Why would Virgin America benefit from selling now?

The ninth-largest airline in the US may be merging with Alaska Airlines in a deal that would see the new combined company overtake fifth-place JetBlue in the domestic air travel market, despite Virgin's record year in profitability.

Daniel Munoz/Reuters/File
Virgin planes are parked next to each other at Kingsford Smith airport in Sydney in 2013.

Alaska Air Group Inc. is closing in on a deal that would see the Washington-based airline company acquire Virgin America Inc. for more than $2 billion, per Reuters.

If the sale is finalized, Alaska would beat out JetBlue Airways Corporation for the purchase of the ninth-largest airline in the United States. The acquisition could be announced as early as Monday.

The merger would be the first in the US since the 2013 deal that combined American Airlines and US Airways to form the largest commercial carrier in the world.

People familiar with the situation told Reuters that Alaska would pay between $56 and $58 per Virgin share in the acquisition. Virgin is currently valued on the market at $1.5 billion after going public in 2014, while Alaska has a market capitalization of about $10 billion.

Virgin is responsible for around 1.5 percent of domestic flights, and Alaska and its subsidiaries account for around 5 percent. JetBlue accounts for 6 percent and ranks fifth in travelers, meaning the merger would see the new company overtake JetBlue for that spot.

While Alaska has been in operation since its inaugural flights as McGee Airways in the 1930s, Virgin’s aviation history began less than a decade ago when it launched in August, 2007 under the guidance of businessman Richard Branson’s Virgin Group. The airline was intended to be a competitively-priced alternative to the larger carriers in the market, and added stylish seating, cabins, and in-flight entertainment to distinguish itself from more established airlines.

Despite its position as a smaller carrier, Virgin has seen growing passenger capacity and revenue over the past few years. The airline reported a net income of $340 million in 2015, more than five times what it earned the year before and by far the highest in its history.

The potential move to join with Alaska would come at a time when Virgin has experienced difficulty securing space at airports with respect to its competitors, and as Alaska is hoping to expand its reach into California.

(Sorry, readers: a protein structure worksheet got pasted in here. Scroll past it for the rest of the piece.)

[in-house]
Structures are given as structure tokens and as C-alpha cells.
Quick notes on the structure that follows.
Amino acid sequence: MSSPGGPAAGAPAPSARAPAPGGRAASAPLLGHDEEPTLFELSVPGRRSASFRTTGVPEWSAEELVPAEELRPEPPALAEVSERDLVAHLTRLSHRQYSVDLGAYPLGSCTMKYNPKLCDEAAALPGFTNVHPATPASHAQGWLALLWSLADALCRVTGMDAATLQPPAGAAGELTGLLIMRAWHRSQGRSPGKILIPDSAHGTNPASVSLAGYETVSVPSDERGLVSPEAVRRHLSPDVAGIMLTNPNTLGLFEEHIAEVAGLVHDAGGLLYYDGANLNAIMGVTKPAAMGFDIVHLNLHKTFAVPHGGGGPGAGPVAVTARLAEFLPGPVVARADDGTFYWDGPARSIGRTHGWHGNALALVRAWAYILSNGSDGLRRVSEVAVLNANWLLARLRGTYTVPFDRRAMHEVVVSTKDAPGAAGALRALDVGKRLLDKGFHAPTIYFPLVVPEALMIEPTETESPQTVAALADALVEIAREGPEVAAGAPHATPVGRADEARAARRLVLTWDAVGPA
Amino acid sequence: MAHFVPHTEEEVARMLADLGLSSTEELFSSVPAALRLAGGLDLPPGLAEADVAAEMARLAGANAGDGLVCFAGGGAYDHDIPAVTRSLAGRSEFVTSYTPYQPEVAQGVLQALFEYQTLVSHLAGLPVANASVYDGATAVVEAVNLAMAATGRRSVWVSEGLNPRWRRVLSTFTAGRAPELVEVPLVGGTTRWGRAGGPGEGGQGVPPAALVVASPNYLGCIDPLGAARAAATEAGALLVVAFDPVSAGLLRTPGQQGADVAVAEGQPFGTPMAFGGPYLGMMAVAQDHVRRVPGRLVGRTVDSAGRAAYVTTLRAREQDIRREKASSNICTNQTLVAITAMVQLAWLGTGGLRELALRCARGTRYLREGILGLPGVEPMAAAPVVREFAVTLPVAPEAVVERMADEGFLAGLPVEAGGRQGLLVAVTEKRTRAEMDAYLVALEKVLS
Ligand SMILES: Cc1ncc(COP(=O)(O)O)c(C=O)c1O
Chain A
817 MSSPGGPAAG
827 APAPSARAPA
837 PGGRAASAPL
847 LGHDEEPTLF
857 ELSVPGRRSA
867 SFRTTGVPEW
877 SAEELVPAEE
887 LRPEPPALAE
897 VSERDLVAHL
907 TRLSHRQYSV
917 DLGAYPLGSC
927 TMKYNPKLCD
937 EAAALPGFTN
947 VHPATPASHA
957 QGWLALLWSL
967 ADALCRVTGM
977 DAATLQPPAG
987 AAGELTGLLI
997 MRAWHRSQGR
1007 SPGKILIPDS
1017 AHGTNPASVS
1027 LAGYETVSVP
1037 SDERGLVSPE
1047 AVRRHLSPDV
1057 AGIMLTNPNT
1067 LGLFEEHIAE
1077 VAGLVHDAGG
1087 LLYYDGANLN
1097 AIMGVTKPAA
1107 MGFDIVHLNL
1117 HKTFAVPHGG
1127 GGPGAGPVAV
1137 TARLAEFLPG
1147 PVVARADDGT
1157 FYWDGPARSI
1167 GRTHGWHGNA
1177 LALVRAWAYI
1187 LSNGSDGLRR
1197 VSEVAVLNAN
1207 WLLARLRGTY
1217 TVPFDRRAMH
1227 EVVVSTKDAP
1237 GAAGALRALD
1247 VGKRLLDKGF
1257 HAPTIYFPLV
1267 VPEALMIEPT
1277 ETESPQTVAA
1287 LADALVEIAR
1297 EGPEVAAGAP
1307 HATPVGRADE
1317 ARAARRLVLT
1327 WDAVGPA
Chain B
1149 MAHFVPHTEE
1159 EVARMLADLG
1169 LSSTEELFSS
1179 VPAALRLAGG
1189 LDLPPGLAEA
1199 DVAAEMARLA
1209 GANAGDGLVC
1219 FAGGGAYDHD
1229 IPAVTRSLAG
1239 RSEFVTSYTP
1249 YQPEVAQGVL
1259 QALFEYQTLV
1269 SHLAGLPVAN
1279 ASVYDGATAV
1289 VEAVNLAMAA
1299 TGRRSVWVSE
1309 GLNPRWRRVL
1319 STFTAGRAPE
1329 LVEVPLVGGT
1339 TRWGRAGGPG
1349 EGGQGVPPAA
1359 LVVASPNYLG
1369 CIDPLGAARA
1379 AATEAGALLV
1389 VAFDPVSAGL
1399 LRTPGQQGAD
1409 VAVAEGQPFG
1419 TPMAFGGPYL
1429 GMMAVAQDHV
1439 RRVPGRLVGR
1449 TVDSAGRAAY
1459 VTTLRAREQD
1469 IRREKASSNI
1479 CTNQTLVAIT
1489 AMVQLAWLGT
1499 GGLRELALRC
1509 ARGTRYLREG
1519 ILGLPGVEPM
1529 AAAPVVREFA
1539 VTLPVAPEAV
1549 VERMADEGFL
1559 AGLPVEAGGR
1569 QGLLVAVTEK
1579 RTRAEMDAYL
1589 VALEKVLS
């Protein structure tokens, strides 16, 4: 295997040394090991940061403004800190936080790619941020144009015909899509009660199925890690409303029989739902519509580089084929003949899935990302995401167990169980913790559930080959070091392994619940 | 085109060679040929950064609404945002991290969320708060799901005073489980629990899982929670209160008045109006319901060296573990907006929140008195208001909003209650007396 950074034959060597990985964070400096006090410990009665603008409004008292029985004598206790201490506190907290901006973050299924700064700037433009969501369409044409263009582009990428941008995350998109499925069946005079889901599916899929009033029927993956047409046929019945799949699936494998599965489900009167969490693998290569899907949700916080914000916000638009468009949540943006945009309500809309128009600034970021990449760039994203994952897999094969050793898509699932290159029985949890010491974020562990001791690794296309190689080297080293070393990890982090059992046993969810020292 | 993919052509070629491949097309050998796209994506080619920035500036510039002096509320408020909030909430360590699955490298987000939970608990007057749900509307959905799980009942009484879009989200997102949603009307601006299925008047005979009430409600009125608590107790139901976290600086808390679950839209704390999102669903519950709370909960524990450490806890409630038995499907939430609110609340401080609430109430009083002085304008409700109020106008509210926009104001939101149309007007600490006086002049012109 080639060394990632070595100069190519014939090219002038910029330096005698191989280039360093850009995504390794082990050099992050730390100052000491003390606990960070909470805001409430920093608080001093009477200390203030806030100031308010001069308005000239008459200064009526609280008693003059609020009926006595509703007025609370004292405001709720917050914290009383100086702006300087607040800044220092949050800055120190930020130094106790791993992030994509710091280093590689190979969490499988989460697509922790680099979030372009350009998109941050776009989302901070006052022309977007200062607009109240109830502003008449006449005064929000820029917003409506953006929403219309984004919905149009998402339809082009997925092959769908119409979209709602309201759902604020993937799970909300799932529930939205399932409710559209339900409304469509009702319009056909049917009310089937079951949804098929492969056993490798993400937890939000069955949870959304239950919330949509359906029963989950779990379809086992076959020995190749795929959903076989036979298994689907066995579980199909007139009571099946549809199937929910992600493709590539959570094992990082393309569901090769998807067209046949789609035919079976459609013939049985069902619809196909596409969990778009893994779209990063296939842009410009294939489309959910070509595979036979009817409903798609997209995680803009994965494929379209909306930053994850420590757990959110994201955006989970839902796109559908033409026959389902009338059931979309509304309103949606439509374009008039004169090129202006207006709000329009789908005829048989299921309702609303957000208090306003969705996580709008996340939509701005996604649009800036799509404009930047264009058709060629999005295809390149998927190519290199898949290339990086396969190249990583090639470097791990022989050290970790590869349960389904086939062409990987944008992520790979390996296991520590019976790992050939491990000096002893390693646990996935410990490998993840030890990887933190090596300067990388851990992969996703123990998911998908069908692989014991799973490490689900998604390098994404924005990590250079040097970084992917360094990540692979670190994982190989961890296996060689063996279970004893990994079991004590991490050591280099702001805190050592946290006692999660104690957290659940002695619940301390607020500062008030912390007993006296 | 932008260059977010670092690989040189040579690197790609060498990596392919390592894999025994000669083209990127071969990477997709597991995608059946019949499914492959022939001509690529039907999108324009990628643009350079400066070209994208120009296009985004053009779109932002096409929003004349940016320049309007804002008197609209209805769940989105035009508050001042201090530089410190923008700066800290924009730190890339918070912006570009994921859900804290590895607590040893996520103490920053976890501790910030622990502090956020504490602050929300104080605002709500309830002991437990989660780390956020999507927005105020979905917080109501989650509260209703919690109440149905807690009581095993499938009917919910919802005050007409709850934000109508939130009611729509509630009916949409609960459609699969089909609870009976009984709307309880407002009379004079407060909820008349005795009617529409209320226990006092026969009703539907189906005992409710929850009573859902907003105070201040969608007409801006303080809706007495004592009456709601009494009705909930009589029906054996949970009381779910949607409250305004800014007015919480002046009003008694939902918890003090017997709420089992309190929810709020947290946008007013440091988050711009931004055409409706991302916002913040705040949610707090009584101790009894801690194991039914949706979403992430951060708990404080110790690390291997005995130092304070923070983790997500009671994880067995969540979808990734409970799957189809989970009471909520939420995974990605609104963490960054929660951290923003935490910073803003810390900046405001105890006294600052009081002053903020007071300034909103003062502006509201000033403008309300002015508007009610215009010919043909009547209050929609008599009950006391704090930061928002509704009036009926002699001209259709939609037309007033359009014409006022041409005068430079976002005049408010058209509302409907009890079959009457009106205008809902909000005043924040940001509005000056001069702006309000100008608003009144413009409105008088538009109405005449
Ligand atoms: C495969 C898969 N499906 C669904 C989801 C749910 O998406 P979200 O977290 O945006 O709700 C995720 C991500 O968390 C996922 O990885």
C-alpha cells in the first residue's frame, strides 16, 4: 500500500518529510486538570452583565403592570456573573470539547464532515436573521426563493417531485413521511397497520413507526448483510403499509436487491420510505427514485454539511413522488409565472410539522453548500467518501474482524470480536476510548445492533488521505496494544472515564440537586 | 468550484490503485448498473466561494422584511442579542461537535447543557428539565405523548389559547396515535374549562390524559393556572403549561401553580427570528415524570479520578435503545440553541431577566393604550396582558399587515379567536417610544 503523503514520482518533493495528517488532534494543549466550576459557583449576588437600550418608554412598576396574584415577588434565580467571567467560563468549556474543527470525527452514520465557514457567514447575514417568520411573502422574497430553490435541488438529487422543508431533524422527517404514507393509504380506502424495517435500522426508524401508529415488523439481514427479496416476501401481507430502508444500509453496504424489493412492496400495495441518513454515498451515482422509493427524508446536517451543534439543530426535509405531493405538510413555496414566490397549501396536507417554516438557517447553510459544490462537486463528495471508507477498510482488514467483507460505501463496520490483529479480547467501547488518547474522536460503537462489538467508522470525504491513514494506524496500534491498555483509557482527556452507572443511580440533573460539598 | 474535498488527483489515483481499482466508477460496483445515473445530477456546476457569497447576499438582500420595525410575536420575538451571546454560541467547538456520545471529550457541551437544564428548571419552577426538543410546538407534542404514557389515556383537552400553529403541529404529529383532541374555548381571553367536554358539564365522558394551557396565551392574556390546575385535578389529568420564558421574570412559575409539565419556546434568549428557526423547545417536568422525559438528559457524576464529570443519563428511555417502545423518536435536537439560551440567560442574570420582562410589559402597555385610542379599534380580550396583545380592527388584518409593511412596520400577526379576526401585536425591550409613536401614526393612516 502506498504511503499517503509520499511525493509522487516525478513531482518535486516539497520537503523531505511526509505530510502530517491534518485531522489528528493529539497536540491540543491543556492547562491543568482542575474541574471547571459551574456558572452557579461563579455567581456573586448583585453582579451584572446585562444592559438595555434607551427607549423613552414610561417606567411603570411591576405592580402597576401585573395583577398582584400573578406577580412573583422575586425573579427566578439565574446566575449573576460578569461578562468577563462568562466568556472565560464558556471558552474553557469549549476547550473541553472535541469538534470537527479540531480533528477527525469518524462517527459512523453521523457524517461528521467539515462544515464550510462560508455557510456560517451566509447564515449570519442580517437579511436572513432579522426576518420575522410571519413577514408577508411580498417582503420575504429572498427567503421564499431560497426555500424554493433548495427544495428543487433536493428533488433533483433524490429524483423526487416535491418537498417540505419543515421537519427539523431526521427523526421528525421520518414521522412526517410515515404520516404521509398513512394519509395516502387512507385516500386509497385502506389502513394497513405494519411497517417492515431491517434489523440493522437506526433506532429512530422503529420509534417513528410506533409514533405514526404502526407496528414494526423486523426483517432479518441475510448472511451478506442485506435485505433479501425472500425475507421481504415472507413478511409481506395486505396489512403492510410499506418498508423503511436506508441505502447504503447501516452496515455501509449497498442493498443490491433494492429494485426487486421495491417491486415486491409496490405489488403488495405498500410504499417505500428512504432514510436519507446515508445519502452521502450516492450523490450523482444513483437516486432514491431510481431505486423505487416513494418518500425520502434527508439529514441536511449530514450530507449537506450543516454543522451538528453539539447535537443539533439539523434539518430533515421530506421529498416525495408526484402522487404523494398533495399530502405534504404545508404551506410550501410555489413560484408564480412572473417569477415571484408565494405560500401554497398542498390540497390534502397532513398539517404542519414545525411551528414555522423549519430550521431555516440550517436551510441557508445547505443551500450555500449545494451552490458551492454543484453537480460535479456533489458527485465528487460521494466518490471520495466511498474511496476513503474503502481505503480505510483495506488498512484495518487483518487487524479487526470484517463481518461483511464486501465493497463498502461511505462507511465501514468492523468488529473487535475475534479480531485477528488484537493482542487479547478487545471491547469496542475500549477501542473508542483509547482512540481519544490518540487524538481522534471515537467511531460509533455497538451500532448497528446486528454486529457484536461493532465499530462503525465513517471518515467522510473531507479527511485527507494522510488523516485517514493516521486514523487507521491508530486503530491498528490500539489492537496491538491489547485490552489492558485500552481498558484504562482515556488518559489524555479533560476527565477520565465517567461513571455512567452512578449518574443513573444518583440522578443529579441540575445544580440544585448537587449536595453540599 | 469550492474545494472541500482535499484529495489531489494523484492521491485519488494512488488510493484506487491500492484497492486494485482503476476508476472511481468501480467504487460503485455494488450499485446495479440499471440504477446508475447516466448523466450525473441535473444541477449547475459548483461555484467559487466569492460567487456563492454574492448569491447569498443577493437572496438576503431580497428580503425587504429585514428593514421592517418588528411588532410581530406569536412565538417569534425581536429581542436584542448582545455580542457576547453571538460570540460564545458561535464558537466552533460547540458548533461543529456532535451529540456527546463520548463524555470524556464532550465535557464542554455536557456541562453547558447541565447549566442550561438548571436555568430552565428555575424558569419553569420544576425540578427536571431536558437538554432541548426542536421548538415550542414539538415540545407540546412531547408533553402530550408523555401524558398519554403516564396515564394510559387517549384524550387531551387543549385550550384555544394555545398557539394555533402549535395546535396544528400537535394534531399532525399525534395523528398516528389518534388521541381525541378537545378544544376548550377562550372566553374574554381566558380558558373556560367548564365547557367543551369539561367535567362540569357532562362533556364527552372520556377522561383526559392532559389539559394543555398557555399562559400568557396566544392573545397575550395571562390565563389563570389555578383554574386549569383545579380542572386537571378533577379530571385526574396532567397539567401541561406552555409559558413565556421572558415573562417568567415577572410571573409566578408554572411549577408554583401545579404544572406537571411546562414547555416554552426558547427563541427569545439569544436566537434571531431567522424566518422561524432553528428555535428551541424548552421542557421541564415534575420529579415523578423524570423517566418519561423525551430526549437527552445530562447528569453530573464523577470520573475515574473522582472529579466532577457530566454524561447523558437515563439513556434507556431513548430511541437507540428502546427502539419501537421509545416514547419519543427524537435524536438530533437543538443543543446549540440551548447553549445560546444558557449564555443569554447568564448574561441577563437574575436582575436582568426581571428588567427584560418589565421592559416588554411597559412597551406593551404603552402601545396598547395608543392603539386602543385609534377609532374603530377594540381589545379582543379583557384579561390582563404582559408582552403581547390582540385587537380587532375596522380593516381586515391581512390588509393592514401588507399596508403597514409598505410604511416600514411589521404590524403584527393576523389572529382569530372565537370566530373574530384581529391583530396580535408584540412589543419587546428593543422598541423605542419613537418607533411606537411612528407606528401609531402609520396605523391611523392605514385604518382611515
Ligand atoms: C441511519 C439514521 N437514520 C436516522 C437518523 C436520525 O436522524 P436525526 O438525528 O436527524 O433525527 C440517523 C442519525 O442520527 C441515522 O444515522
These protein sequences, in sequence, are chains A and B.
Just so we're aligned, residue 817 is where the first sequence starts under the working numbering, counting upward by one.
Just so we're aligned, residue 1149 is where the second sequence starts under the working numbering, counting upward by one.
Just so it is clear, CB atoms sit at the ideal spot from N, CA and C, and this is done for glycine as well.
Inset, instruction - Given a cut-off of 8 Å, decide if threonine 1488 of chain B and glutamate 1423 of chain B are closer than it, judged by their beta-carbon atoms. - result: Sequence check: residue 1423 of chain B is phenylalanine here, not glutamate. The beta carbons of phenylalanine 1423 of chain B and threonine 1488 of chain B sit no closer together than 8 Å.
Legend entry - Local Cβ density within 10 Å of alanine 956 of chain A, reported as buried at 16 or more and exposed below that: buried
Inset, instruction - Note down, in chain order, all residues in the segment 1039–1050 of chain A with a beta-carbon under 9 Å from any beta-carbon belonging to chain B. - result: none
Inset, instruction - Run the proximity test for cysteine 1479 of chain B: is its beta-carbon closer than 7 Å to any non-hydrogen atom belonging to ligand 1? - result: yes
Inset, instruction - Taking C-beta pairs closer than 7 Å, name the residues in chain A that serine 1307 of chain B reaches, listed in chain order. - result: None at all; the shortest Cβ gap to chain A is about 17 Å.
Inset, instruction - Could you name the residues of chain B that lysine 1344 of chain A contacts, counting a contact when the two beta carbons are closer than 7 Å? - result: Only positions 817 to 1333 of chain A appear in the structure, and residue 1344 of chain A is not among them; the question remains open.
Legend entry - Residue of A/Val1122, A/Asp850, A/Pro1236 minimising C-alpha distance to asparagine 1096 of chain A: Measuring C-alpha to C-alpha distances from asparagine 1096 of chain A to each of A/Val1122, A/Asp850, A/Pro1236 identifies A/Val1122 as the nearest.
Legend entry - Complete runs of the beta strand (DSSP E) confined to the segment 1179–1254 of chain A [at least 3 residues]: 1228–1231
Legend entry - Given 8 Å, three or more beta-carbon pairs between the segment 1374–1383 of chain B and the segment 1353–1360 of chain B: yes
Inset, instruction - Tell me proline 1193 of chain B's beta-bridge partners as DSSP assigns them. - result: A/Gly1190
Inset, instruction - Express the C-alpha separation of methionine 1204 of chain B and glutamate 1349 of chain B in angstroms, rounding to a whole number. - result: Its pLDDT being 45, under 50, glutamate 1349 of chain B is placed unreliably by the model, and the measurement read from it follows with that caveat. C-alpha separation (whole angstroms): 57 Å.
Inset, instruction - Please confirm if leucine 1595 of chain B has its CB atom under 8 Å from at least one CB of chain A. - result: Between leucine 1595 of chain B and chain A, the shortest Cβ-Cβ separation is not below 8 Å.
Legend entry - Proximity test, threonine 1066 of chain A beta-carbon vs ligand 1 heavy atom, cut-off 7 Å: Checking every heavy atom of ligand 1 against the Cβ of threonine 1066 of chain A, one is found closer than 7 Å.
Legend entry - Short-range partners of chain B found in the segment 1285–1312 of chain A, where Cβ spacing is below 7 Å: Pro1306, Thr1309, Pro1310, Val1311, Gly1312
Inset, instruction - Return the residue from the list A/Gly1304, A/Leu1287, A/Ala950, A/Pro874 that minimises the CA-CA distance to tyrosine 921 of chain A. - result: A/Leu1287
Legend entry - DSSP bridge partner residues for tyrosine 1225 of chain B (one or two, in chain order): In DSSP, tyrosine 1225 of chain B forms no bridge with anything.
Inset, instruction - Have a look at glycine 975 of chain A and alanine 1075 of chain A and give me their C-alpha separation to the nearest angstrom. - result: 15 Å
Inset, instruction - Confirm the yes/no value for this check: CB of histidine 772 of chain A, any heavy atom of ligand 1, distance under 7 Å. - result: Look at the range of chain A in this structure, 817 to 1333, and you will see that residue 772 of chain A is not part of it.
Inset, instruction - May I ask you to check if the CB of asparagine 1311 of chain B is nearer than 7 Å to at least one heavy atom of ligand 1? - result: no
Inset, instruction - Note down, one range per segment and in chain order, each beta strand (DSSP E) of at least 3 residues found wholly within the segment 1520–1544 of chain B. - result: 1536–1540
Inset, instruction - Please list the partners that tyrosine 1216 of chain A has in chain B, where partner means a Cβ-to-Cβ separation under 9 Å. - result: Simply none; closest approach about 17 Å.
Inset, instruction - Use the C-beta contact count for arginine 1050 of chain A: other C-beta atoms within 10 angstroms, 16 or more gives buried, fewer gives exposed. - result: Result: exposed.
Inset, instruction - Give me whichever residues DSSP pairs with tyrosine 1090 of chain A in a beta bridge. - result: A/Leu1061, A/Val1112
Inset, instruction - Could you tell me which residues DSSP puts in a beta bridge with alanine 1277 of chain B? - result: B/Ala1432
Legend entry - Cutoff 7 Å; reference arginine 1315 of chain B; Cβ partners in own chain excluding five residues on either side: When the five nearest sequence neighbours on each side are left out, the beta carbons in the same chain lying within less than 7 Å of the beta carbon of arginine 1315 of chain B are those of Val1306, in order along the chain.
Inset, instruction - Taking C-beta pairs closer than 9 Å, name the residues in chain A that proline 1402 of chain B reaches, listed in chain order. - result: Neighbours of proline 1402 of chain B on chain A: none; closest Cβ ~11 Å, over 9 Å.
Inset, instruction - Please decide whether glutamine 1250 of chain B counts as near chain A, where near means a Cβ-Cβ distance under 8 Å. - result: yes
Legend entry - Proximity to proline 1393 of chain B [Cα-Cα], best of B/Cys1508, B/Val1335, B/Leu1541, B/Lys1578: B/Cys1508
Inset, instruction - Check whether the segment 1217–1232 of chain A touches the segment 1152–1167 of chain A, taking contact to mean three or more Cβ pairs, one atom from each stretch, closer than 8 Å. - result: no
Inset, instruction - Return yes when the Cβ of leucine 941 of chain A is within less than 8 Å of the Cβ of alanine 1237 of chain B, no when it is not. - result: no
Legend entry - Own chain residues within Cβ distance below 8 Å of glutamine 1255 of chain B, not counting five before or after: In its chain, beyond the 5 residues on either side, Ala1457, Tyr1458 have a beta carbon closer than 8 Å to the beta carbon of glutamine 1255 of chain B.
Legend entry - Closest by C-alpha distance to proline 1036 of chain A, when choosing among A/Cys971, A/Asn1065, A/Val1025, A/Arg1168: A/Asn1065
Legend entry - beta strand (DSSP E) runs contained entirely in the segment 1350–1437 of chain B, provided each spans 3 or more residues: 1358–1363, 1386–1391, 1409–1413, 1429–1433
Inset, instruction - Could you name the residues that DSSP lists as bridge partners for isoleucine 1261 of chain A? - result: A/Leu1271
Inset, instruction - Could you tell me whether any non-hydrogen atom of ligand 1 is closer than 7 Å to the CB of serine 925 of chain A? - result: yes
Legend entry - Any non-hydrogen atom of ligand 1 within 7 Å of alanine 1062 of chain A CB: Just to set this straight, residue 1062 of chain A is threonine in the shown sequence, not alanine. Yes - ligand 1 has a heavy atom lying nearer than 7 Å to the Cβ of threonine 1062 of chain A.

“It's inevitable that we would see some form of combination (among smaller airlines) as they strive to find a way to compete with the larger carriers,” industry analyst Henry Harteveldt told Reuters.

The deal could still fall through depending on negotiations between the two groups, leaving the possibility of a JetBlue merger open. Helane Becker, an analyst at Cowen & Co., said per Tech Times that the two carriers would benefit most from joining as they use the same aircraft, which would cut down on additional crew and maintenance training. JetBlue would also profit from Virgin’s California presence and technology.

An Alaska deal would end up helping Virgin in the west as well as expanding its Mexican flights. That sale could also end up benefiting American Airlines, which has developed a partnership with Alaska in recent years.

If announced, the deal would also need to pass federal antitrust review before being finalized. In 2013, American and US Airways were challenged in court by the US Department of Justice on behalf of customers ahead of their merger, although the airlines won that dispute. Paul Hastings partner MJ Moltenbrey told Fortune that a Virgin merger with either Alaska or JetBlue would likely pass similar review.

“A combination of two of the smaller airlines would result in significant efficiencies by giving them a bigger footprint, and would make the merged airline a more effective competitor to the big three,” Mr. Moltenbrey said.

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